Saturday, May 7, 2011

Advocacy for visual learners

It’s been a bad day for 6-year-old Maddie Gillespie if she comes home from school with just one sticker.

Every time she accomplishes an assigned task, her teacher places a star on a sticker board.

“My child learns from more visual cues versus just being told and given a directive,” said Randi Gillespie, her mom and family coordinator for the National Association for Down Syndrome. “If she comes home with a whole panel full of stickers, she knows it’s been a good day.”
But her daughter’s needs as a visual learner weren’t always met.

Maddie Gillespie was born with Down syndrome –– a genetic disorder described by the Mayo Clinic as one that causes lifelong mental retardation, developmental delays and one that varies in severity –– which, before moving schools, led some special education teachers to treat her the same as any other child with the disorder.

“Just because my kid has Down syndrome, and the kid next to her has Down syndrome and they look the same, doesn’t mean they learn the same. All children learn completely different,” she said.

Until the year 2000, researchers within the field of developmental sciences told educators to take a homogenous, “one size fits all” approach to teaching those with intellectual disabilities, said Deborah Fidler, a researcher in the Department of Human Development and Family Studies at CSU.

But she, alongside fellow researcher Lisa Daunhauer, recently received an $800,000 grant from a branch of the Department of Education to study how individuals with Down syndrome are predisposed to unique learning styles based on other genetic factors. Those with Williams or Fragile X syndrome, for example, predisposes children to very distinct areas of learning.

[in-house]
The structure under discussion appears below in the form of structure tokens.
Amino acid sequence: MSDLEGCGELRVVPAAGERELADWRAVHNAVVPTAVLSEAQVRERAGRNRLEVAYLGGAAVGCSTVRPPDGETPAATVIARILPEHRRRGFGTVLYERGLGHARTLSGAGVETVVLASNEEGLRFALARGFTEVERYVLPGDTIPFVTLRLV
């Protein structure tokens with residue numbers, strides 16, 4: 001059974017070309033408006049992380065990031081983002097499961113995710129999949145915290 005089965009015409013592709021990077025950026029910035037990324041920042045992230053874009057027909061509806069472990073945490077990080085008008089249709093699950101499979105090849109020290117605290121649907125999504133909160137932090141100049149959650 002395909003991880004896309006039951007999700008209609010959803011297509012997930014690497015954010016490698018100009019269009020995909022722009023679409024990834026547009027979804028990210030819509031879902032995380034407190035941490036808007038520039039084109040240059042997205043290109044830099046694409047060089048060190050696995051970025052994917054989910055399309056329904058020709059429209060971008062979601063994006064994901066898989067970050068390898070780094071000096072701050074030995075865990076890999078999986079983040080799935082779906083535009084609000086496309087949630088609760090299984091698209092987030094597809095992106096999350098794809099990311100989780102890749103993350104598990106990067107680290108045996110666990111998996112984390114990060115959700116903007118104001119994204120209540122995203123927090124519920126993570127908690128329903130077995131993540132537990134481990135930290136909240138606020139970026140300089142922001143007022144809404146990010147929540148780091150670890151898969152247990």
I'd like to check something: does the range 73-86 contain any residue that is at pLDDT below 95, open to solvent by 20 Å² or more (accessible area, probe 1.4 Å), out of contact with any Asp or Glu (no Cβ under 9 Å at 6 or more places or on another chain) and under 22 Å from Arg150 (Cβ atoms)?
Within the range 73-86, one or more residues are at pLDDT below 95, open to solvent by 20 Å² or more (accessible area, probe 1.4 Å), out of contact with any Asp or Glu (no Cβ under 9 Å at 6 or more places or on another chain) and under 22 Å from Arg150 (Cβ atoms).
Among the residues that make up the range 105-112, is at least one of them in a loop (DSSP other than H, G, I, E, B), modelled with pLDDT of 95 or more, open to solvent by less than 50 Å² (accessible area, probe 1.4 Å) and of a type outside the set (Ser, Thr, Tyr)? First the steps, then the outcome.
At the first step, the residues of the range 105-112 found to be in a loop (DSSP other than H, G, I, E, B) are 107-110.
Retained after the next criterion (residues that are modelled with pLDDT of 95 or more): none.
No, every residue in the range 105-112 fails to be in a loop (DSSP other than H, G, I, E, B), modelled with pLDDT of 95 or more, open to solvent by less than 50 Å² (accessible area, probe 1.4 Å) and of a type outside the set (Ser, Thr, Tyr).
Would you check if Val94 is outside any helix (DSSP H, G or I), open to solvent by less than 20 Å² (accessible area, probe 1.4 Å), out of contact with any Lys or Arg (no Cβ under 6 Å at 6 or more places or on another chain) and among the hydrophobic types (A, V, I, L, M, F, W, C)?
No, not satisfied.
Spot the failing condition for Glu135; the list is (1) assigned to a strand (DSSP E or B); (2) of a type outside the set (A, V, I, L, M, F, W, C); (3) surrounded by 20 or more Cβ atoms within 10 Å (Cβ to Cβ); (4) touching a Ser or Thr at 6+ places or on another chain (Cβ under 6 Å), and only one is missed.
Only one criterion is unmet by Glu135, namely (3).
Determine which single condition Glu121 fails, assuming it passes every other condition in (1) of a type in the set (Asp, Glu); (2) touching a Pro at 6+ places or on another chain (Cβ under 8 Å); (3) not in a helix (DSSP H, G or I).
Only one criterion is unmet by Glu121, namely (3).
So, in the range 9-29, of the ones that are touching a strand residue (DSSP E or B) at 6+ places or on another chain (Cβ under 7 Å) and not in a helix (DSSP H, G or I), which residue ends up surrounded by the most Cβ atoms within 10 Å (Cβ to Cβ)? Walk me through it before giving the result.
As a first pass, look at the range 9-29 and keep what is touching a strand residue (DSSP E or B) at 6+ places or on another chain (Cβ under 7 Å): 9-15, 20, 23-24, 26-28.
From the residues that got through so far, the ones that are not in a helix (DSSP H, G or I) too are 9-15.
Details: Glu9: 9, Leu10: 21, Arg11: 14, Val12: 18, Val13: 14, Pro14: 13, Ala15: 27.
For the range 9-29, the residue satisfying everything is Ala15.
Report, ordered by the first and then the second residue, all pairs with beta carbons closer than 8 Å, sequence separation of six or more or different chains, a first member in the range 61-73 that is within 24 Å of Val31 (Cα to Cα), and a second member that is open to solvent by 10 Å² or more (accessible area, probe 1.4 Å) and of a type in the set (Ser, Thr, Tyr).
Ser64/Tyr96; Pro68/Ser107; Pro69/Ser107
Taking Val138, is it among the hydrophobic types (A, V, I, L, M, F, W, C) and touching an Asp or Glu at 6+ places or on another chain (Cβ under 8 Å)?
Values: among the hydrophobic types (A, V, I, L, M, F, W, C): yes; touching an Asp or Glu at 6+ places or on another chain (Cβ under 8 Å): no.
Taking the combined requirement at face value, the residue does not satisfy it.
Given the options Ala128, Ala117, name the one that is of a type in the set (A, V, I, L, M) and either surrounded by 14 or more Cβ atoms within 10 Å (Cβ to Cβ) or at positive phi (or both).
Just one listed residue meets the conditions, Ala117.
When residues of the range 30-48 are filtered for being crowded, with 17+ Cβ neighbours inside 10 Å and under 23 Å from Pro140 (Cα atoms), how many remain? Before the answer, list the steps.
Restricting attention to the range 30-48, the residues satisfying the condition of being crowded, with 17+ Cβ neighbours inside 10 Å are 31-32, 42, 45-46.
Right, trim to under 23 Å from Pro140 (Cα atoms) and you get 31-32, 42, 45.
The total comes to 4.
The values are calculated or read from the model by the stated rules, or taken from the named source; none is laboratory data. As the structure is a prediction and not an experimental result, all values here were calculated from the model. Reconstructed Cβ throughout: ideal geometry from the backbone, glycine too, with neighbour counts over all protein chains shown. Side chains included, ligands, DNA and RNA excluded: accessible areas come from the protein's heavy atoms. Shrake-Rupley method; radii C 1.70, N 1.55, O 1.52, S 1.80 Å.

“In the world of developmental science, we’ve appreciated these developmental differences over a decade or two. We’re moving beyond a one-size-fits-all approach and toward a more tailored approach to special education,” she said. “That way, we can get much more innovative about teaching them.”

The duo applied for the grant in June of 2010 and survived a hypercompetitive application process to receive the funding in April of 2011. A panel of 20 experts in the field of developmental science reviewed Filder and Daunhauer’s proposal alongside stacks of competing applications and agreed their suggested study would best further public knowledge of Down syndrome.

The funding will be used to bring families in for lab visits and administer play-based tasks that will measure this cognitive domain of executive function, Daunhauer said. The money will also be used to gather information from parents and teachers, “So we can see a full picture of what these skills look like … and how these skills are being used.”

“As we get outcomes, we’ll be sharing them in peer review journals, conference presentations,” she added. “We’ve definitely offered our services informally as well.”

News of research explaining diversity in learning styles among children with Down syndrome is welcome to Gillespie, whose experience with special educators has left her questioning their expertise in the field of developmental science.

“In general, across the board, they just don’t have up-to-date and accurate information,” she said. “And from a parent point of view, it’s very frustrating.”

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